Lake Michigan Walk

In August, many wildflowers begin to bloom in the Upper Midwest. Bees, wasps, moths and butterflies visit them for nectar and pollen. While in Milwaukee, Wisconsin, last weekend, we walked along Lake Michigan to enjoy the warm sun, gentle breeze and flowers both native and non-native that grace the shoreline. Among the blooms were chicory, Queen Anne’s lace, everlasting pea, goldenrod, sweet clover, gray-headed coneflower, bouncing Bet, red clover, Black-eyed Susan, monarda and lesser burdock. (If you look closely, you’ll spot a few pollinators, too.)

IMG_0276IMG_0316

IMG_0262

IMG_0318IMG_0325

IMG_0337

 

Monarda: A Balm for Bees and People

Monarda fistulosa and Monarda didyma are native to eastern Canada and the United States.

It’s late July, a high-summer evening in the garden. I close my eyes and listen to the gentle hum of bumble bees and honey bees. The heavy aroma of day lilies mixes with the lighter scent of phlox. I brush my hand on the foliage next to our patio, releasing a different scent: the tangy mint of monarda. Two kinds grow in our garden: fiery red Monarda didyma and lavender-pink Monarda fistulosa.  Also known as bergamot, both are native to Minnesota and to much of the eastern United States and Canada.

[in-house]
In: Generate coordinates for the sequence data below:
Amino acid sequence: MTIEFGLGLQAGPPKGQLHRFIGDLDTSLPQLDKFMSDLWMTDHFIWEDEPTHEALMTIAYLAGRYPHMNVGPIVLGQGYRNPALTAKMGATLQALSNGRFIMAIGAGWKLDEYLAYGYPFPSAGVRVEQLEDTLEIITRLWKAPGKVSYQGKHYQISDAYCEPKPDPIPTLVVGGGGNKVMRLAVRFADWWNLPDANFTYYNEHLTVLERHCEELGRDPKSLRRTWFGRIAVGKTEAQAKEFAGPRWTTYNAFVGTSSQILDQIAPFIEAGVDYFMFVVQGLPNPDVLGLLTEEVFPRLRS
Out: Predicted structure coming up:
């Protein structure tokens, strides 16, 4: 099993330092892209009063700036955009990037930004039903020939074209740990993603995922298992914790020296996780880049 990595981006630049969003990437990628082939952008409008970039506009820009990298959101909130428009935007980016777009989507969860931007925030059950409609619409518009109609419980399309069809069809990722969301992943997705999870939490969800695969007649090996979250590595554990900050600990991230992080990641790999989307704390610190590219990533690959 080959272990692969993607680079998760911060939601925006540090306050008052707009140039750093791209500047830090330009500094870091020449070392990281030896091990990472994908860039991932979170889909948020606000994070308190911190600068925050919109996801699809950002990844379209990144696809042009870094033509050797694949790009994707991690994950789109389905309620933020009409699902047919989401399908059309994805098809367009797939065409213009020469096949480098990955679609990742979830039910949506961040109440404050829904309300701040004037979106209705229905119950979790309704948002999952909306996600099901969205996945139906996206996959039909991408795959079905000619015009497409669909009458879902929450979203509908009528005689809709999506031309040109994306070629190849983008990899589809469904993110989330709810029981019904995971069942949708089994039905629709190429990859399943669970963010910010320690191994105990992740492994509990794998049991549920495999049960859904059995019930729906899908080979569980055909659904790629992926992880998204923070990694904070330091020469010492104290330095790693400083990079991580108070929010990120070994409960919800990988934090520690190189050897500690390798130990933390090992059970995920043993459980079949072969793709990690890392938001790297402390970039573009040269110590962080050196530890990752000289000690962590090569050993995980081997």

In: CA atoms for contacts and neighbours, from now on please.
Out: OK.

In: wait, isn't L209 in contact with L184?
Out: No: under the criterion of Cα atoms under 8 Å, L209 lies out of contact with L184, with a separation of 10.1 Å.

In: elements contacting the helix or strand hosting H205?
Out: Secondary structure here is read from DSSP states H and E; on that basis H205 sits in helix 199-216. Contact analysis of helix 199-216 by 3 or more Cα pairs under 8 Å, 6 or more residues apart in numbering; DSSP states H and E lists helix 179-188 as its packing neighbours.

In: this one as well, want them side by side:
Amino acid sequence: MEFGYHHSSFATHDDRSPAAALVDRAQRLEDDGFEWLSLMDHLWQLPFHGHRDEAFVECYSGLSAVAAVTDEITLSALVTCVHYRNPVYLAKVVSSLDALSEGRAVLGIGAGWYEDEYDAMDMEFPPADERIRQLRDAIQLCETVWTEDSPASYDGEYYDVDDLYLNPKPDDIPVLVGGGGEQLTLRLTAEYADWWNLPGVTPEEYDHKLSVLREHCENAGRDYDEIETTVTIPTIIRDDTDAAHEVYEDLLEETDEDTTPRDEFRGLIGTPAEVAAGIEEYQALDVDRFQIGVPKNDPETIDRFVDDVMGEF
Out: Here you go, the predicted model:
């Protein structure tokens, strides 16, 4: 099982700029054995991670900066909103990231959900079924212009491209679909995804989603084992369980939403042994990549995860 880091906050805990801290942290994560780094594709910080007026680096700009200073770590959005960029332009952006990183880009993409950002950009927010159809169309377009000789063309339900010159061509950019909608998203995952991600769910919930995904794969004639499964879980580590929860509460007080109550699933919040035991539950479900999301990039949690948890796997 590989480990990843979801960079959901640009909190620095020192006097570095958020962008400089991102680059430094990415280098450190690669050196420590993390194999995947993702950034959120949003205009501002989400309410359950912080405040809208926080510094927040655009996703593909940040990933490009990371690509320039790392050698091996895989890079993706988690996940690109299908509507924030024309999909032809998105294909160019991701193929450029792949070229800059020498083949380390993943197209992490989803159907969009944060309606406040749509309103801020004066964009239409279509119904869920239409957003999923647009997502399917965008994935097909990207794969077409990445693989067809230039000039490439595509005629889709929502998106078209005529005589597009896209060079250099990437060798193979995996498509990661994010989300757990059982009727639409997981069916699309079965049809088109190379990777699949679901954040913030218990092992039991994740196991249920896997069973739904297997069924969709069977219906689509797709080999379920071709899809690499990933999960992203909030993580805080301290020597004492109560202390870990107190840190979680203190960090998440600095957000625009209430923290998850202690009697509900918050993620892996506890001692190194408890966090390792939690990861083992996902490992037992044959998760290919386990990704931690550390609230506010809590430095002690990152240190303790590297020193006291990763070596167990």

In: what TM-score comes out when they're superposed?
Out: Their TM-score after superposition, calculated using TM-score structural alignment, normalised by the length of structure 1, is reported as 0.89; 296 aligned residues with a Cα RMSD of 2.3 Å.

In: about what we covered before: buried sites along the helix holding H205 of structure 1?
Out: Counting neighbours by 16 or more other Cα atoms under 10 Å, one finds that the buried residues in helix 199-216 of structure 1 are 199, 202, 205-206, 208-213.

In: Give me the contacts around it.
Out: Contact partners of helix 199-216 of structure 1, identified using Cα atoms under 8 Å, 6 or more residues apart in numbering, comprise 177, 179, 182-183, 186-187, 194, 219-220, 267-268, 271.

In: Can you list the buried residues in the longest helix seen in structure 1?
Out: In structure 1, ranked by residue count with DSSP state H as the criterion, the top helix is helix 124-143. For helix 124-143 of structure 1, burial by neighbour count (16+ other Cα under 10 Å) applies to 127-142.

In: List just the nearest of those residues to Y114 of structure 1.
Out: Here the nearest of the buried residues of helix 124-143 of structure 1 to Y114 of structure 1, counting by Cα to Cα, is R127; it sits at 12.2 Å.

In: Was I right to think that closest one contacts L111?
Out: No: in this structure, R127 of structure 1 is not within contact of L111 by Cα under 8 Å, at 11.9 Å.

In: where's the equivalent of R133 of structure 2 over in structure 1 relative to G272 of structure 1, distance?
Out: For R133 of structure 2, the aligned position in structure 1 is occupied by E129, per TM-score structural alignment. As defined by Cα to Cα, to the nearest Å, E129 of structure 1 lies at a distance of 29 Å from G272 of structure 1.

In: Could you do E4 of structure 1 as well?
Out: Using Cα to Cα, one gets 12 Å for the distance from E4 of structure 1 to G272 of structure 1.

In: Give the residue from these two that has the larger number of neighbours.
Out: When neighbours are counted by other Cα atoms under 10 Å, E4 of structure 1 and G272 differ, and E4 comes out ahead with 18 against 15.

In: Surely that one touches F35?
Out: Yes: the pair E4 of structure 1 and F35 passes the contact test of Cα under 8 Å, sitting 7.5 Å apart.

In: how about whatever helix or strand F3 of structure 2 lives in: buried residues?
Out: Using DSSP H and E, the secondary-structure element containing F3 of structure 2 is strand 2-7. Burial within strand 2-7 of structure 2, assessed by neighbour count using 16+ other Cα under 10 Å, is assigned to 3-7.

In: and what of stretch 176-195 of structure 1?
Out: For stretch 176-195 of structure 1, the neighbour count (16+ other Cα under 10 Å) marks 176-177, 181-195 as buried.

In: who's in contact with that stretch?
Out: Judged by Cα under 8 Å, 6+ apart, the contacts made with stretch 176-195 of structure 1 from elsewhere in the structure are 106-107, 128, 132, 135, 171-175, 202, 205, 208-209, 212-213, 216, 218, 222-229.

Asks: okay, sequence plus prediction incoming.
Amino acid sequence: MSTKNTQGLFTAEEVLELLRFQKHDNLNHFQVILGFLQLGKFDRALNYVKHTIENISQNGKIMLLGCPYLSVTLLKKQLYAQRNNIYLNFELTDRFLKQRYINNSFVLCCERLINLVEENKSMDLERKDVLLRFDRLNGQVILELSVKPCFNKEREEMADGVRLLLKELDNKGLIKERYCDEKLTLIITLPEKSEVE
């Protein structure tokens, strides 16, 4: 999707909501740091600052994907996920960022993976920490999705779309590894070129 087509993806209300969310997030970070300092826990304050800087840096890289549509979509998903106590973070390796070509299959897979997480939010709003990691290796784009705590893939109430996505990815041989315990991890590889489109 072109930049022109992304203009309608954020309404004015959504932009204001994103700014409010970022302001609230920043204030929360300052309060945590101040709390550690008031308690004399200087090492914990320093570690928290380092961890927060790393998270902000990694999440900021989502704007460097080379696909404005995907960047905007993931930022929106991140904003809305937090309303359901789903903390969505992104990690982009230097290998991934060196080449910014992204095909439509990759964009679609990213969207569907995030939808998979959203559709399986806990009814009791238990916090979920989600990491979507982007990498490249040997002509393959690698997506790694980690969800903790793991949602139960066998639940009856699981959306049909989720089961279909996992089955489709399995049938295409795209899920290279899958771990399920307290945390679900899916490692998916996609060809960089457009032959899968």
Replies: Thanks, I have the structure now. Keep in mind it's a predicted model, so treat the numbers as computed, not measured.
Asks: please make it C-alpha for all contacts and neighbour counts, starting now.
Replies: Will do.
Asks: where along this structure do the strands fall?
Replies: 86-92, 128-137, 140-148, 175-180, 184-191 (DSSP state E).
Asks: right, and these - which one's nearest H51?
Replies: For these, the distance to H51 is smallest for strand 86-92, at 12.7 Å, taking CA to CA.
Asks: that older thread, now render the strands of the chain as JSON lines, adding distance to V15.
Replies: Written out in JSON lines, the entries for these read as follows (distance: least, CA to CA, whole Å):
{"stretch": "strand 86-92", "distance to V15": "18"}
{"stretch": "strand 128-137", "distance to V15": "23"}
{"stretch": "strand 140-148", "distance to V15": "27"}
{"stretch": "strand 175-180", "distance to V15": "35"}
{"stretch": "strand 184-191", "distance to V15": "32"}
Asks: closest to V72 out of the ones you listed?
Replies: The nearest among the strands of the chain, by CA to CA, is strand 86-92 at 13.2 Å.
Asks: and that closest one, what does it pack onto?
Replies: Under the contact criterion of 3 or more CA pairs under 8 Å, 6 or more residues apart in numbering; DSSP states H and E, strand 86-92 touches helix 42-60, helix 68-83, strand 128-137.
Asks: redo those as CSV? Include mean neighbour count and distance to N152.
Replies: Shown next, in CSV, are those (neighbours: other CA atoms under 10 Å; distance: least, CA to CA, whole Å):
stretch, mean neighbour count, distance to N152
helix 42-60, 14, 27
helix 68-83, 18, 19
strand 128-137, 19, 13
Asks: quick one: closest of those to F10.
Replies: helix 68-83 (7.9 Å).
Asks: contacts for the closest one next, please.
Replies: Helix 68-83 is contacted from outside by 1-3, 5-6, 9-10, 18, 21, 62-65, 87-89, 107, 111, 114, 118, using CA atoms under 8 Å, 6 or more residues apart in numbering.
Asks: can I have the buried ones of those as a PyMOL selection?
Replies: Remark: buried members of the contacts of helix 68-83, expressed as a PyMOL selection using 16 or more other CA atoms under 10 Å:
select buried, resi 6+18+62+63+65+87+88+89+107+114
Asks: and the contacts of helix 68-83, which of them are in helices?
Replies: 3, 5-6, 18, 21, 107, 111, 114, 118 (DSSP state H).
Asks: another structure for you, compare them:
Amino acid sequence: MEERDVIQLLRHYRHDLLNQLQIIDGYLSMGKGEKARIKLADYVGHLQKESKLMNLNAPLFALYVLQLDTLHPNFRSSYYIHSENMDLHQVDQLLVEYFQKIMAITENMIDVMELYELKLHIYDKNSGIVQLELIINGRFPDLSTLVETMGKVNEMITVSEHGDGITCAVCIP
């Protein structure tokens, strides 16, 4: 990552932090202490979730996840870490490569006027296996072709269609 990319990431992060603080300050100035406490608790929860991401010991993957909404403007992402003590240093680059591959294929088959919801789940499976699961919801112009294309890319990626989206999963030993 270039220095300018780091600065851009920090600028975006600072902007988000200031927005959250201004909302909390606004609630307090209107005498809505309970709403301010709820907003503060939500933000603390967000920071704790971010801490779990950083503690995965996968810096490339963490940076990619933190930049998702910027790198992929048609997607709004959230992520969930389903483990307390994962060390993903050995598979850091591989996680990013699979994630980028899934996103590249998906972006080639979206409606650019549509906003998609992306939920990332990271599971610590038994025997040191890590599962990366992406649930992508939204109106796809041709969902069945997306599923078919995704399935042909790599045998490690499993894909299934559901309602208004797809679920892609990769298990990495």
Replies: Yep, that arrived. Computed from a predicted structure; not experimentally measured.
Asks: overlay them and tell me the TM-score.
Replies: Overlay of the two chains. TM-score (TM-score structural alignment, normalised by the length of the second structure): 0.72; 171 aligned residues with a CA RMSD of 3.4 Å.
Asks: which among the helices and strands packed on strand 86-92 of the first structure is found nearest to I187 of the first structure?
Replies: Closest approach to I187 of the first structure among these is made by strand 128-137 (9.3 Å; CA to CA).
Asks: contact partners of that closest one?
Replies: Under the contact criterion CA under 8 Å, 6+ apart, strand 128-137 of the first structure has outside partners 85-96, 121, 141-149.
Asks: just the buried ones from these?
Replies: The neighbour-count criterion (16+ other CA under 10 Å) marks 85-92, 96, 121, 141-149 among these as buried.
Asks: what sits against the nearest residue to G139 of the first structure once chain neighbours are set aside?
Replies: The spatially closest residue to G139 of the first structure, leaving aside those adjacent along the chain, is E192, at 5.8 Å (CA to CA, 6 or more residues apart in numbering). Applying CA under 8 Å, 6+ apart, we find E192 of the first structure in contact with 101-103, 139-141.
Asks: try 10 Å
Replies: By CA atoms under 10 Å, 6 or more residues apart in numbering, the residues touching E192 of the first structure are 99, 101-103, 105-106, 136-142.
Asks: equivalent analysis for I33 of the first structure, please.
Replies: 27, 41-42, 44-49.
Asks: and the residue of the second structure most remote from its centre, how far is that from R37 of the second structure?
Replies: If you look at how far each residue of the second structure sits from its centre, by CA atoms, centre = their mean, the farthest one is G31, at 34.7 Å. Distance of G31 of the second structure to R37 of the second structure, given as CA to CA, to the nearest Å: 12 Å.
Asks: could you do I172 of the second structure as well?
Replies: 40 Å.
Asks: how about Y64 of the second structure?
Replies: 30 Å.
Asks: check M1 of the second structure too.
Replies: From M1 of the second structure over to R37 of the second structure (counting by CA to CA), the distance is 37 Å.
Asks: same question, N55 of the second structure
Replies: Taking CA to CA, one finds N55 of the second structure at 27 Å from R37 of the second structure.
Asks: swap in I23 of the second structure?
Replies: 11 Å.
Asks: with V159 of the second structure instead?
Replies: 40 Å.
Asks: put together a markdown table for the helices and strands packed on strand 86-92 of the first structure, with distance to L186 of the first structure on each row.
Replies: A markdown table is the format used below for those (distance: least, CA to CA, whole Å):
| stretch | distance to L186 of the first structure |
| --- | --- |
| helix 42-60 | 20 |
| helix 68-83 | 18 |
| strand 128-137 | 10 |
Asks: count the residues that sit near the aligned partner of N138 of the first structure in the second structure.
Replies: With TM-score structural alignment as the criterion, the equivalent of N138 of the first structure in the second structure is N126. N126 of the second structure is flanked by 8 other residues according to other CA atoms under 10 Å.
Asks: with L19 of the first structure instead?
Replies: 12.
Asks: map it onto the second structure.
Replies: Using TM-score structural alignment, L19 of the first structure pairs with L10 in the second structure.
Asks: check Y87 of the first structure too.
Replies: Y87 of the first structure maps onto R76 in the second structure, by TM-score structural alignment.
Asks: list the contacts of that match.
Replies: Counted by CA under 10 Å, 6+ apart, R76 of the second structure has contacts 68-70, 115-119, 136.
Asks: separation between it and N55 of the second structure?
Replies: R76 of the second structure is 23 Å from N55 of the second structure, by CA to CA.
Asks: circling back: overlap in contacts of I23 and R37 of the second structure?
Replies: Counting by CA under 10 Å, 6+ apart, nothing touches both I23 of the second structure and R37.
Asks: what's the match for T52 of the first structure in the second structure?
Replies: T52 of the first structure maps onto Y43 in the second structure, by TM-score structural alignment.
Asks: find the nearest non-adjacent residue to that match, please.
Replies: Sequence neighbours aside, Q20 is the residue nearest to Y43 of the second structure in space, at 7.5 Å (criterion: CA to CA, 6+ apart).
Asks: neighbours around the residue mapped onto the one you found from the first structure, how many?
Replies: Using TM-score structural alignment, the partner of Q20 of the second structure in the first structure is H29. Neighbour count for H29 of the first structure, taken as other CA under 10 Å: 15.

Ten or more years ago, I found lavender monarda growing next to our cabin driveway. That autumn, I brought home a small portion and planted it. A few years later, I purchased the red monarda at Leitner’s, a local garden center. Both flourish as long as late winter and spring aren’t too wet.

Bright red M. didyma smells more spicy than the pink M. fistulosa.

Monarda belongs to the mint family, but is much taller and better behaved than many of its minty cousins. Look closely and you’ll see mint characteristics: square rather than round stems, tubular flowers, opposite leaves and of course the wonderful minty scent when one brushes against the foliage.